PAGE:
Harriet Jacobs

Harriet Jacobs, who lived from approximately 1813 to 1897, was born into slavery, and became the writer of the “first known full-length narrative by a former slave woman published in the United States” (1). She lived in slavery for about 29 years and then escaped to the North and became a freedom fighter where she joined forces with the abolitionists to end slavery. She published her monumental indictment of the institution of slavery in 1861 just a few months before the Civil War began (2).

Not only was Jacobs’s book a slave narrative, but it was key that it was a narrative that sprung from the experiences of a woman who had been enslaved. Men, even Frederick Douglass, were never subjected to the same sexual sadism and humiliations that women were. This isn’t to say that slavery wasn’t also hell on earth for men. It was just a different kind of hell for women. Jacobs operated within the same moral code of white women of the time, so she had to find a way to preserve her dignity at the same time that she wrote about her own sexual abuses (3).

Although Jacobs had a somewhat intact family of origin, when her original slave holder died, Jacobs was bequeathed to the three-year-old daughter of the original slave holder’s brother-in-law, Dr. James Norcom (4). At age 15, Jacobs became the target of Norcom’s sexually sadistic advances. He was 35 years older than she was. In order to try to avert his attention, Jacobs took up with another white man named Samuel Tredwell Sawyer. She thought perhaps Sawyer’s higher standing in the community and the fact of her being sexually involved with him would deter Norcom. Jacobs had two children by Sawyer, but Norcom still pursued Jacobs (5).

Norcom chose to inflict punishment for his refused sexual advances on the entire Jacobs family, so Jacobs ran away in 1835. “For seven years, she lived in a damp, cramped crawl space above her grandmother’s kitchen, just one block from Norcom’s home” (6). Jacobs eventually escaped to New York. Her brother and her two children were purchased from Norcom by Sawyer and Jacobs reunited with her daughter in New York. Norcom tried to recapture Jacobs several times, even coming to New York himself. Luckily, Jacobs evaded capture by moving to Boston and other locales with the help of friends and family (7).

Following her brother’s lead, Jacobs eventually got involved with the abolition movement where she began writing for abolitionist newspapers. Her brother and a friend encouraged her to write about her own life, and she eventually worked on her book from 1853 to 1857. As was the case with all narratives written by Black people at the time, Jacobs needed a white guarantor that the work was authentic, so Lydia Maria Child became Jacobs’s editor and proof of authorship (8). The book, Incidents in the Life of a Slave Girl, Written by Herself, was successful, and Jacobs continued to write for newspapers, but her main source of income was running a boardinghouse. She died in 1897 in Washington D.C. from breast cancer (9).


“Reader be assured this narrative is no fiction. I am aware that some of my adventures may seem incredible; but they are, nevertheless, strictly true. I have not exaggerated the wrongs inflicted by Slavery; on the contrary, my descriptions fall far short of the facts. I have concealed the names of places, and given persons fictitious names. I had no motive for secrecy on my own account, but I deemed it kind and considerate towards others to pursue this course.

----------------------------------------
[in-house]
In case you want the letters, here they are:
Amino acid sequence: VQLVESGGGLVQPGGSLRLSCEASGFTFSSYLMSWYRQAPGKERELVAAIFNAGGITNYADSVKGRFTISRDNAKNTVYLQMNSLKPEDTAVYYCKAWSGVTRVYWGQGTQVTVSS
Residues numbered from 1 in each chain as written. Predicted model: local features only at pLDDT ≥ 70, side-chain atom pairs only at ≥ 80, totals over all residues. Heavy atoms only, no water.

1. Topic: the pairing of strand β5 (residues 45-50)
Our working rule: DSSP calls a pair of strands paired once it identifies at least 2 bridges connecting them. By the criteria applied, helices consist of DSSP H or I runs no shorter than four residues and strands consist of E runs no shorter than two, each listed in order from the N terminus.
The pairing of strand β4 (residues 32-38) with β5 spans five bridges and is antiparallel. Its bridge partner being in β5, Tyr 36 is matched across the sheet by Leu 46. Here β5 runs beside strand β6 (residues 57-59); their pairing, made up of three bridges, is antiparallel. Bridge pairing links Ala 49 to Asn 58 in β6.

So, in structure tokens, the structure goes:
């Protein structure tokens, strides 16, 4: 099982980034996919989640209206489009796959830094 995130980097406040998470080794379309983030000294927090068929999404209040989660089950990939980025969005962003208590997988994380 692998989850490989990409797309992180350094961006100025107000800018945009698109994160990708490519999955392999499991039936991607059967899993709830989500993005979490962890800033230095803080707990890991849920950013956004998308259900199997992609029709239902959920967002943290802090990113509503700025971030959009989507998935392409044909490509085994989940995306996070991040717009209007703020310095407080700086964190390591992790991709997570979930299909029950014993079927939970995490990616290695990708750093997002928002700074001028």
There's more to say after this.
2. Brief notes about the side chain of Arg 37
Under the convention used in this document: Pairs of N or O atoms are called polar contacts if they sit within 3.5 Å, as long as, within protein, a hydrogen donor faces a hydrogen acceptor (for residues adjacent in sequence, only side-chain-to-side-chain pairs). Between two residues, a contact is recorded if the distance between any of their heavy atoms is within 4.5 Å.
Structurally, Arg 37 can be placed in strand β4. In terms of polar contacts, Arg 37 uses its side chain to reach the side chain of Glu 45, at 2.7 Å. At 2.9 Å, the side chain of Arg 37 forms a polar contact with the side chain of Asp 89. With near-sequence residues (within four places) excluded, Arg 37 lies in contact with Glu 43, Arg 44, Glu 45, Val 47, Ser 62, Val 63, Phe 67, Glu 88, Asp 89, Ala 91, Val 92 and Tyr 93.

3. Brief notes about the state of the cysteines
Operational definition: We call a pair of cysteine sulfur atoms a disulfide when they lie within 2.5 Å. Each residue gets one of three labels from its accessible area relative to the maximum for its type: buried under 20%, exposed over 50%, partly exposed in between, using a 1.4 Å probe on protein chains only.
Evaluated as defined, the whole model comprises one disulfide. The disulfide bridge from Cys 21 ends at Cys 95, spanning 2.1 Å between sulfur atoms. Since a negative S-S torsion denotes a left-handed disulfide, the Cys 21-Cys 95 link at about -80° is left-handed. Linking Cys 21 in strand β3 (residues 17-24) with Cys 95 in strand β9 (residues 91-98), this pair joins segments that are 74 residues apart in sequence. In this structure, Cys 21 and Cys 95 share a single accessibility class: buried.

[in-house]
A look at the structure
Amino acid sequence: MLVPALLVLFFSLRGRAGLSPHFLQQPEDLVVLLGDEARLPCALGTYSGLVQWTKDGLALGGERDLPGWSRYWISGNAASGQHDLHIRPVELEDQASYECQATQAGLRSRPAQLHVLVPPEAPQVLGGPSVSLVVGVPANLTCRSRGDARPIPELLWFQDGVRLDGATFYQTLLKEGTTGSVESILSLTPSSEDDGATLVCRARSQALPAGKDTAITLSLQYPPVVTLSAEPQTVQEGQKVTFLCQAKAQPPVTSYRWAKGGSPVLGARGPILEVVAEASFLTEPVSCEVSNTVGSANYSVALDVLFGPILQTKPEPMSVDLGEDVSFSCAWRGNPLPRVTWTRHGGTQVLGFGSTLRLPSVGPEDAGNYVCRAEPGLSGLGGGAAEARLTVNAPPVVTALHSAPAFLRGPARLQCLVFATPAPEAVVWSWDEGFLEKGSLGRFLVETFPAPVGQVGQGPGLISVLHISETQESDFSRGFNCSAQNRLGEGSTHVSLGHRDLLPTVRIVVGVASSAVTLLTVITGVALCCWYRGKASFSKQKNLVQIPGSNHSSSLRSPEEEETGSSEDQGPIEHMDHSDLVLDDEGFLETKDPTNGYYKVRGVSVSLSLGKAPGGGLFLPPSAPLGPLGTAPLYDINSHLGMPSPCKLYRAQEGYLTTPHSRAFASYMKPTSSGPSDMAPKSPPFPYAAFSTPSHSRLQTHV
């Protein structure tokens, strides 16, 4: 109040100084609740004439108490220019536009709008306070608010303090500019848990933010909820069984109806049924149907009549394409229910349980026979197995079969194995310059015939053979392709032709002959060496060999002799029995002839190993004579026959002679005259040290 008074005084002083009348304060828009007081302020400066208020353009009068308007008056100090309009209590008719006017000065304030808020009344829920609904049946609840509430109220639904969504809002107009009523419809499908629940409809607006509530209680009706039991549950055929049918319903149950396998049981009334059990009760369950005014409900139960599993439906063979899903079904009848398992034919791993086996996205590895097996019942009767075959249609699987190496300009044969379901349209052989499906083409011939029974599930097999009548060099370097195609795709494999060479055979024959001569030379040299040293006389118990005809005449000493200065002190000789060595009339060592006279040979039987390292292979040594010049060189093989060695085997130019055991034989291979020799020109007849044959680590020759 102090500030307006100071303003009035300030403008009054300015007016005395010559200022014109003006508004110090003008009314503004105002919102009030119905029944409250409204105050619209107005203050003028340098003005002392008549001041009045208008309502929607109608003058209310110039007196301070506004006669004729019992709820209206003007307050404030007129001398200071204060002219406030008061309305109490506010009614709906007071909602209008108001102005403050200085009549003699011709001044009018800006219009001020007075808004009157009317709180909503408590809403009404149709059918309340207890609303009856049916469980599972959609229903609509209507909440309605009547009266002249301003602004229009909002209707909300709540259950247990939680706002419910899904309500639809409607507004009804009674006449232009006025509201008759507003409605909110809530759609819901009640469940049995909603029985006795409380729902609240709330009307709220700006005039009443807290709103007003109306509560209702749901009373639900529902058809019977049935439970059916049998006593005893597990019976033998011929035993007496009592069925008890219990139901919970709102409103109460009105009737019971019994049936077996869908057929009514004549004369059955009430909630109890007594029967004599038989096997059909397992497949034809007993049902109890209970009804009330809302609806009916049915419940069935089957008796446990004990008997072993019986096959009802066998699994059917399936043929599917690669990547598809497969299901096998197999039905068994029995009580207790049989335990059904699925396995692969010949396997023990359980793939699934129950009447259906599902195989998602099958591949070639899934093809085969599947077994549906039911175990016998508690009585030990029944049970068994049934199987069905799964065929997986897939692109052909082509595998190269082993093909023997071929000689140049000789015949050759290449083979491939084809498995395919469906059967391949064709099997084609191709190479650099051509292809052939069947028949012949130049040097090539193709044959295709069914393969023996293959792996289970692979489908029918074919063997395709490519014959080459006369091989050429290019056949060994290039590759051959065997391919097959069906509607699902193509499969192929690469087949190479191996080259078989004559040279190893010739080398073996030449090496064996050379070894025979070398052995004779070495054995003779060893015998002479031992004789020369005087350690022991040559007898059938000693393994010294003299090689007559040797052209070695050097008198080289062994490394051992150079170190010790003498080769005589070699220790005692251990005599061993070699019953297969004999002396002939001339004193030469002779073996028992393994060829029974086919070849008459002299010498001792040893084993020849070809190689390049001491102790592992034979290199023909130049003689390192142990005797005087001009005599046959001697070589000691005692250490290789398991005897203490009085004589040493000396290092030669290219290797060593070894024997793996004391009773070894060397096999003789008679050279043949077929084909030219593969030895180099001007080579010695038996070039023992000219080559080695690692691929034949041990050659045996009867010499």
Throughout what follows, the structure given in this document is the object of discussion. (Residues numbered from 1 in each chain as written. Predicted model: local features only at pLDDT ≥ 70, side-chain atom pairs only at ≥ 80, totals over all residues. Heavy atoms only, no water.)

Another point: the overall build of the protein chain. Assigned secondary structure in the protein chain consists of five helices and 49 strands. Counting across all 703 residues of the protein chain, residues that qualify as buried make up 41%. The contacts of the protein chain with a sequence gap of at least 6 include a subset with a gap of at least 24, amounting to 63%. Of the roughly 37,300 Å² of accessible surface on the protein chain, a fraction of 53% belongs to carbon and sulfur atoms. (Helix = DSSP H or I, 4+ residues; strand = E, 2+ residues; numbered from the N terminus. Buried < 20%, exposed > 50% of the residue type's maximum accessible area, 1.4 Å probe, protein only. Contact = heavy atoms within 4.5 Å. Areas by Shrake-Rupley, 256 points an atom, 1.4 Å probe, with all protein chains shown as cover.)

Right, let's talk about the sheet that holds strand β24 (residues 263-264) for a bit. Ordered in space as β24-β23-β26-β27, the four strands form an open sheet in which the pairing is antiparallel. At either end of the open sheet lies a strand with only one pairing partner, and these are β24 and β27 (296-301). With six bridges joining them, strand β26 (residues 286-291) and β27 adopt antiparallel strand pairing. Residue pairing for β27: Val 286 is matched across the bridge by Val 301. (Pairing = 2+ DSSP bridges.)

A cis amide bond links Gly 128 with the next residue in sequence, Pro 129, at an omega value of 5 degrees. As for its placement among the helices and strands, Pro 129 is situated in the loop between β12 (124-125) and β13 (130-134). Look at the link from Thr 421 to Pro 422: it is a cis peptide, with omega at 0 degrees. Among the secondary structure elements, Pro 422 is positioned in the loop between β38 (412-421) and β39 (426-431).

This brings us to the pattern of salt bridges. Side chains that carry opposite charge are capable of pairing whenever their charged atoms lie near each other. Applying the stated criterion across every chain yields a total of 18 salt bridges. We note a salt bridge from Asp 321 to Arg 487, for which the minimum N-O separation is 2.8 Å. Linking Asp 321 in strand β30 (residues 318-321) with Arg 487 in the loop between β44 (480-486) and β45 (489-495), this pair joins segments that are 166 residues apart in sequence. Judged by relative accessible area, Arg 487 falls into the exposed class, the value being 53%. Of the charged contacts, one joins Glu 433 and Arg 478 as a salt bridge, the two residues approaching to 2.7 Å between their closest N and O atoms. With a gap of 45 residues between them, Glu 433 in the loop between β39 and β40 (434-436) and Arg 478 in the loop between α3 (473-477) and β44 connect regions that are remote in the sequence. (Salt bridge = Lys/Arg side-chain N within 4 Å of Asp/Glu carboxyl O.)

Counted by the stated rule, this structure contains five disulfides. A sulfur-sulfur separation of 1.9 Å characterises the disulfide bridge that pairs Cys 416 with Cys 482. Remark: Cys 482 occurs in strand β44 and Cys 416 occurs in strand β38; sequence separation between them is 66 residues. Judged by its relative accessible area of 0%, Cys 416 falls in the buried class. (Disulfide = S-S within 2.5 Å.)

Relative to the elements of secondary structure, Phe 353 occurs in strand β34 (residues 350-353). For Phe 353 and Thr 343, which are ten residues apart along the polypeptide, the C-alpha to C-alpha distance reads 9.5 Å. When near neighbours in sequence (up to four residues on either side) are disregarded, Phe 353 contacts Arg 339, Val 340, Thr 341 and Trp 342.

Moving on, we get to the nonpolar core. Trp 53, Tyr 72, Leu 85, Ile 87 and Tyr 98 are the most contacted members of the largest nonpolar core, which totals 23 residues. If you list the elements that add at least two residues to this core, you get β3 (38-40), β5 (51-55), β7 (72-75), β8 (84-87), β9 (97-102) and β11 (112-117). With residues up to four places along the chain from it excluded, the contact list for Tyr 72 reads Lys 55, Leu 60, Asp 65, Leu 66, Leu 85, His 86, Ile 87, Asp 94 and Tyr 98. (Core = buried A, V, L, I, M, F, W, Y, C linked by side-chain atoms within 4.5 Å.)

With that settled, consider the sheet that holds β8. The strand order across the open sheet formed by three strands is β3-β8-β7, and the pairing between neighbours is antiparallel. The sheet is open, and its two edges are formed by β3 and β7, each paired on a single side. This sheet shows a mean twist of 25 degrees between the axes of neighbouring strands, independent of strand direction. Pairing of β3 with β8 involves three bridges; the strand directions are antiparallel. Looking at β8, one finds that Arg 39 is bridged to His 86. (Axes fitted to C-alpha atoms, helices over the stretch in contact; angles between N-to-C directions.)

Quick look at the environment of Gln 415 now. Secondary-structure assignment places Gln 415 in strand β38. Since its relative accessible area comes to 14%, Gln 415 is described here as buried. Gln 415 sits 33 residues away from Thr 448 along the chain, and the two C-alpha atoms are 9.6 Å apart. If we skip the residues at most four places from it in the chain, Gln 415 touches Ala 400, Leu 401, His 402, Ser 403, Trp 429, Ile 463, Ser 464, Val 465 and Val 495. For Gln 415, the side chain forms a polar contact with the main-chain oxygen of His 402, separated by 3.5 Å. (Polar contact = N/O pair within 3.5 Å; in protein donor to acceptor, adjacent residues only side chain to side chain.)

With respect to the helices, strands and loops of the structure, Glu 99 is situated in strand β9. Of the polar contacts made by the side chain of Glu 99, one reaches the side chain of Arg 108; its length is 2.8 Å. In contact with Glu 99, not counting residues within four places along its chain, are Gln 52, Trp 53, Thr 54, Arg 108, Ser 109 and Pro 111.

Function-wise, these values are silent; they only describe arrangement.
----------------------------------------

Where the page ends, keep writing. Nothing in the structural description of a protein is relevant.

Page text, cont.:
I wish I were more competent to the task I have undertaken. But I trust my readers will excuse deficiencies in consideration of circumstances. I was born and reared in Slavery; and I remained in a Slave State twenty-seven years. Since I have been at the North, it has been necessary for me to work diligently for my own support, and the education of my children. This has not left me much leisure to make up for the loss of early opportunities to improve myself; and it has compelled me to write these pages at irregular intervals, whenever I could snatch an hour from household duties.

When I first arrived in Philadelphia, Bishop Paine advised me to publish a sketch of my life, but I told him I was altogether incompetent to such an undertaking. Though I have improved my mind somewhat since that time, I still remain of the same opinion; but I trust my motives will excuse what might otherwise seem presumptuous. I have not written my experiences in order to attract attention to myself; on the contrary, it would have been more pleasant to me to have been silent about my own history. Neither do I care to excite sympathy for my own sufferings. But I do earnestly desire to arouse the women of the North to a realizing sense of the condition of two millions of women at the South, still in bondage, suffering what I suffered, and most of them far worse. I want to add my testimony to that of abler pens to convince the people of the Free States what Slavery really is. Only by experience can any one realize how deep, and dark, and foul is that pit of abominations. May the blessing of God rest on this imperfect effort in behalf of my persecuted people!”

Linda Brent

(1) Jacobs, Harriet. 2020. Incidents in the Life of a Slave Girl, Written by Herself: With Related Documents. Edited by Jennifer Fleischner. Boston: Bedford/St. Martins. Kindle. (Loc. 195).
(2) Jacobs, (Loc. 205).
(3) Jacobs, (Loc. 246-247).
(4) Jacobs, (Loc. 292).
(5) Jacobs, (Loc. 306).
(6) Jacobs, (Loc. 306).
(7) Jacobs, (Loc. 319-330).
(8) Jacobs, (Loc. 550-578).
(9) Jacobs, (Loc. 602).

Harriet Jacobs Featured Image Credit: By Unknown author – “Harriet Jacobs” By Jean Fagan Yellin, found at Google books item provenance: [1]image: Illustration from page 265[2], Public Domain, https://commons.wikimedia.org/w/index.php?curid=6947928